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Sigurd ISLANDSMOEN (1881-1964)
Requiem (1935-36)
Hilde Haraldsen Sveen (soprano); Marianne Beate Kielland (alto); Ulf Řien (tenor); Trond Halstein Moe (bass)
Det Norske Solistkoor
Kristiansand Symfoniorkester/Terje Boye Hansen
rec. March 2006, Kristiansand Cathedral
2L 36 [51:05]

Sigurd Islandsmoen’s Requiem for soloists, choir and orchestra is one of a number of works for choir, which includes a number of oratorios, and his final large scale work, the Missa Solemnis. His idiom owes something to a musical education which included instruction from Max Reger, and an introduction to the chromatic high romanticism which was prevalent in Germany at the turn of the century. This is tempered somewhat by Islandsmoen’s naturally Norwegian sensitivities, and his Requiem is in fact a very direct and approachable work. National and folk characteristics were an important element in Islandsmoen’s work, and this also influenced his approach to the Requiem. There are certainly a number of quotes illustrated in the booklet which indicate the composer’s sources, but the work remains sophisticated sounding for all its apparent thematic simplicity.   
Throughout the 1940s the work enjoyed huge success both in Norway and abroad, its sentiments providing a moving vehicle for reflection and hope during the war years.  The music disappeared through the 1950s, having fallen out of fashion and becoming buried under a trend for modernism. The Requiem has a grand and stirring effect, while not giving us much in the way of convention-stretching harmonies. The orchestration is also typically conventional, with harp adding sparkle to the orchestral timbre, timpani for emphasis, cymbal crashes to point out dynamic high points, and a tam-tam or gong for a bit of exotic flavour here and there. Pushed to point out a highlight, I would go for the charm of the solo lines in the Oro supplex, which is followed by a gorgeous, slow-moving Lacrymosa with a Nielsenesque major-minor opening and some strangely searching moments. The strength of the piece is largely in its melodic expressiveness, which carries the texts in ways which sometimes almost touch on the French approach embodied by composers such as Fauré. Take the Pie Jesu, which has quite a lilting 6/8 rhythm, but reaches into quite gritty realms as well, again recalling Nielsen and others.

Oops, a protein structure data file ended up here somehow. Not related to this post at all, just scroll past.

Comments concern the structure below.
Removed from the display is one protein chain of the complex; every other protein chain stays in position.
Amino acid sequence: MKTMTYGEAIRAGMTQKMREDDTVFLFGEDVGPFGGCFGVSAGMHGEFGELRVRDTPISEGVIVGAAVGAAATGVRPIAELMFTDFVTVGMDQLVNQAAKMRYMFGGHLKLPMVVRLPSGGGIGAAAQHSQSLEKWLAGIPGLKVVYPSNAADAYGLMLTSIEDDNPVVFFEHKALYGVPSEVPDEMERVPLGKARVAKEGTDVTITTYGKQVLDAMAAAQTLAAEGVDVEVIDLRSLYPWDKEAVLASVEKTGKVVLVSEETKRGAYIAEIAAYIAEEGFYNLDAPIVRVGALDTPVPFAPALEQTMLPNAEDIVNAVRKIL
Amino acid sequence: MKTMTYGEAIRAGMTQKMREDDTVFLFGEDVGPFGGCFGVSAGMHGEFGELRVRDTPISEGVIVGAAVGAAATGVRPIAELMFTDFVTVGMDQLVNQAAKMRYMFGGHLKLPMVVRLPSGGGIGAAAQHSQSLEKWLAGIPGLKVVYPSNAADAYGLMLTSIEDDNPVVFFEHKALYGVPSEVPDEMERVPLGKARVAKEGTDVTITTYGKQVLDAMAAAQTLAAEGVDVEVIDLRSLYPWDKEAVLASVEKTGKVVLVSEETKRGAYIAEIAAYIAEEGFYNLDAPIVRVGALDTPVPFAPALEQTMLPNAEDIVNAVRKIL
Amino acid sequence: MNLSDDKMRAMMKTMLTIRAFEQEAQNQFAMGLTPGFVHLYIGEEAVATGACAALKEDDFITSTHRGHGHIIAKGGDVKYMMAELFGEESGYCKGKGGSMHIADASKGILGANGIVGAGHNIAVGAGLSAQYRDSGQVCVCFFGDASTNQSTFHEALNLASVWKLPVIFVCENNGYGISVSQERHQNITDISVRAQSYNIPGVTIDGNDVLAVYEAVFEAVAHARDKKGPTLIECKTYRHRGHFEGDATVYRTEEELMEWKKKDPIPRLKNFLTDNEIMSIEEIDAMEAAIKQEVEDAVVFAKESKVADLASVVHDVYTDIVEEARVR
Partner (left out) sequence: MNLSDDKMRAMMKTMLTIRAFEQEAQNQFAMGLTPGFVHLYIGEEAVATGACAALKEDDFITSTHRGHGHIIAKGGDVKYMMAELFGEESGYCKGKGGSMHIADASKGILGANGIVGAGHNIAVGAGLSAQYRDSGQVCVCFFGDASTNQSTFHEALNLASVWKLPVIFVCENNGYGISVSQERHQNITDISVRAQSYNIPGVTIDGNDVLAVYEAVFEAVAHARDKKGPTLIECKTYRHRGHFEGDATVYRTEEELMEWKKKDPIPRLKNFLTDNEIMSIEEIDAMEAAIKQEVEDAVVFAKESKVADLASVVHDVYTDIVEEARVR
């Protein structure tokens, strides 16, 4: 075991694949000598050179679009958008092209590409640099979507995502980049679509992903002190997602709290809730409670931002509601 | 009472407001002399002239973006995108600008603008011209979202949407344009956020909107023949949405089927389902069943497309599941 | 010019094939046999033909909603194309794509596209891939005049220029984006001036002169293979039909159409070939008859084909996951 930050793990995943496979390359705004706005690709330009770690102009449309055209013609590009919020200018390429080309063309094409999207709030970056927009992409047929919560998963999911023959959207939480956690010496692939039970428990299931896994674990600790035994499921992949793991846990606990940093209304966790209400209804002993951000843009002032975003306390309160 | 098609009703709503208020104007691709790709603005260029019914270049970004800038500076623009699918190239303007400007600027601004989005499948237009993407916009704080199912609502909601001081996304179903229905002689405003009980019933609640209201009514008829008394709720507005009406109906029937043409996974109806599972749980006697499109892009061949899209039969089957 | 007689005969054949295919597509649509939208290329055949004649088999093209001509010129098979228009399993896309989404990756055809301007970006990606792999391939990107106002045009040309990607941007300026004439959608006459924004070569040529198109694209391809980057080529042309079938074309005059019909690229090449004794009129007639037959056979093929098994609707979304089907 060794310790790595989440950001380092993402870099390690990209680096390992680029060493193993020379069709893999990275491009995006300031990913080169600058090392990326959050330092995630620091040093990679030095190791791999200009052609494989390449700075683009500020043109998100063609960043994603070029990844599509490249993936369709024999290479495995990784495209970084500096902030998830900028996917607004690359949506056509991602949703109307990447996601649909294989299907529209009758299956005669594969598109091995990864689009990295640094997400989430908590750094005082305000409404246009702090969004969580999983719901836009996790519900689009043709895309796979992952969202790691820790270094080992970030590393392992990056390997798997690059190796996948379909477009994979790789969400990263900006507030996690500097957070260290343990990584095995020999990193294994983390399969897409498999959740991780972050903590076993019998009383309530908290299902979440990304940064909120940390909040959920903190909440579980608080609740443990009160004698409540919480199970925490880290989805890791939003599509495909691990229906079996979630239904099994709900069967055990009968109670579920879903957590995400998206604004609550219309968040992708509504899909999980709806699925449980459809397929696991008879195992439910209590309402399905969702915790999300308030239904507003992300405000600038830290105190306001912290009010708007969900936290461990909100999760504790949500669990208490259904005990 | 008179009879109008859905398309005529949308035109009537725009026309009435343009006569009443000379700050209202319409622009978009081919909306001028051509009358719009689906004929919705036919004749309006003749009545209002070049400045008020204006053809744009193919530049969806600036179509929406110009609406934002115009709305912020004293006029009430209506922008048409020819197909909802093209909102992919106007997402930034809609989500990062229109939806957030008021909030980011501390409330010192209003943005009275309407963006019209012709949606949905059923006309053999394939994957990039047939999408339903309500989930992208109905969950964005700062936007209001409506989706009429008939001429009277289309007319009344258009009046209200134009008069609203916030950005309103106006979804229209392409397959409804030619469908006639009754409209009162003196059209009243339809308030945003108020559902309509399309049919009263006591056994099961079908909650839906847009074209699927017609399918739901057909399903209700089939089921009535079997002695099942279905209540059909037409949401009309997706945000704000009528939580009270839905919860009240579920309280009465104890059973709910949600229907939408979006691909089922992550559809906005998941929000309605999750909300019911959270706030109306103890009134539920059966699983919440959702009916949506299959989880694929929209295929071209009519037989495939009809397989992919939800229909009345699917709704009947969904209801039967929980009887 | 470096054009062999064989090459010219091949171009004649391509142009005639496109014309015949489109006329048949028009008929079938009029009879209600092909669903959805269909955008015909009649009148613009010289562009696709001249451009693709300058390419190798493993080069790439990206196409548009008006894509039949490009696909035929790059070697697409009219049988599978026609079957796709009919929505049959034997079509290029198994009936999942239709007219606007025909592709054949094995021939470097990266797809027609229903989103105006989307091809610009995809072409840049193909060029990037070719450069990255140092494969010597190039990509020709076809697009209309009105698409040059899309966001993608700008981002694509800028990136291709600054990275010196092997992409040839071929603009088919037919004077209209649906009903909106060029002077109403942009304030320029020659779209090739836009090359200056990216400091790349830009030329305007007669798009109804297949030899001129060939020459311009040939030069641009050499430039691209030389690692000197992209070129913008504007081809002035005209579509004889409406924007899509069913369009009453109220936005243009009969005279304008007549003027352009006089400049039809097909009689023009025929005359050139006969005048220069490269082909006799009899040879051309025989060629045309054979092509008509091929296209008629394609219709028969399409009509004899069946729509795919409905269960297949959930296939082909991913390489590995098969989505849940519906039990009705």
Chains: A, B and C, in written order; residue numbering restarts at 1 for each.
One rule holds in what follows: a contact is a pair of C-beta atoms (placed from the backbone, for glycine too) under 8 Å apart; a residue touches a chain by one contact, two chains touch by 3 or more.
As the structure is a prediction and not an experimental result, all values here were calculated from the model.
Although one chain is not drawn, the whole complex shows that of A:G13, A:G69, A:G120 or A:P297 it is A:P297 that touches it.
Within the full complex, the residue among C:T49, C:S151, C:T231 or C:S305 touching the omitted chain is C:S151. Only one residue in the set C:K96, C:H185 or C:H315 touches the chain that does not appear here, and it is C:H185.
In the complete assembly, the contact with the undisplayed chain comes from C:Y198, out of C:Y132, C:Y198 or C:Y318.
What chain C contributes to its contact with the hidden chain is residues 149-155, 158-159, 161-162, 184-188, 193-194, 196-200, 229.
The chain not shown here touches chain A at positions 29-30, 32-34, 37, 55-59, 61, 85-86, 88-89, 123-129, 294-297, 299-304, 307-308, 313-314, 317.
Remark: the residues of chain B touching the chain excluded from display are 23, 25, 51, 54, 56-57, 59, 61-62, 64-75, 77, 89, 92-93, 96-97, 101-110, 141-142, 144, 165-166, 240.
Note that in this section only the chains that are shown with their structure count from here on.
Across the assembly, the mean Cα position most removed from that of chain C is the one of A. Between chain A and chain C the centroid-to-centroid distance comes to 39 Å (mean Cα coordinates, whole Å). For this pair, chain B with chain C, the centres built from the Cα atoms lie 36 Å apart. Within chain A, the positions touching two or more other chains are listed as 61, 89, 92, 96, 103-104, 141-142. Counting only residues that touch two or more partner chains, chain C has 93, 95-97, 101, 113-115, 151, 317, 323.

Despite the cathedral setting, the acoustic for this recording is warm and non-swimmy. The sound is very good, but not quite as spectacular as one might immediately expect from such a production, especially given 2L’s promotional text for the SACD set-up. We are told that, as listener, we now occupy the position of the conductor, and indeed the surround effect is one which grows on you, rather than hitting you over the head with all tooters and bells – I suspect this is as much an effect of the nature of the music as that of the recording. Only the cymbal crashes strike me as being a trifle too prominent for the overall balance, but this is a minor quibble. The chorus has a nice, rounded sound, and while the orchestral strings can be a touch ragged when exposed the winds and brass are nicely intonated, and all of the solos come off well. The solo vocalists also do a very good job indeed, and give a welcome sense of unity: while no-one in particular stands out there are no weak voices either. If I should mention anyone it is Hilde Haraldsen Sveen, whose sweet soprano is the topping to a very toothsome cake indeed.
This is most certainly a piece which deserves its place in the catalogue. Listeners seeking a combination of romantic melodic eloquence, with any Germanic heaviness alleviated by that Nordic sense of openness and fresh air will find much to enjoy here. This is a revival which I hope will set a trend for neglected masterpieces elsewhere.
Dominy Clements

see also review by Rob Barnett


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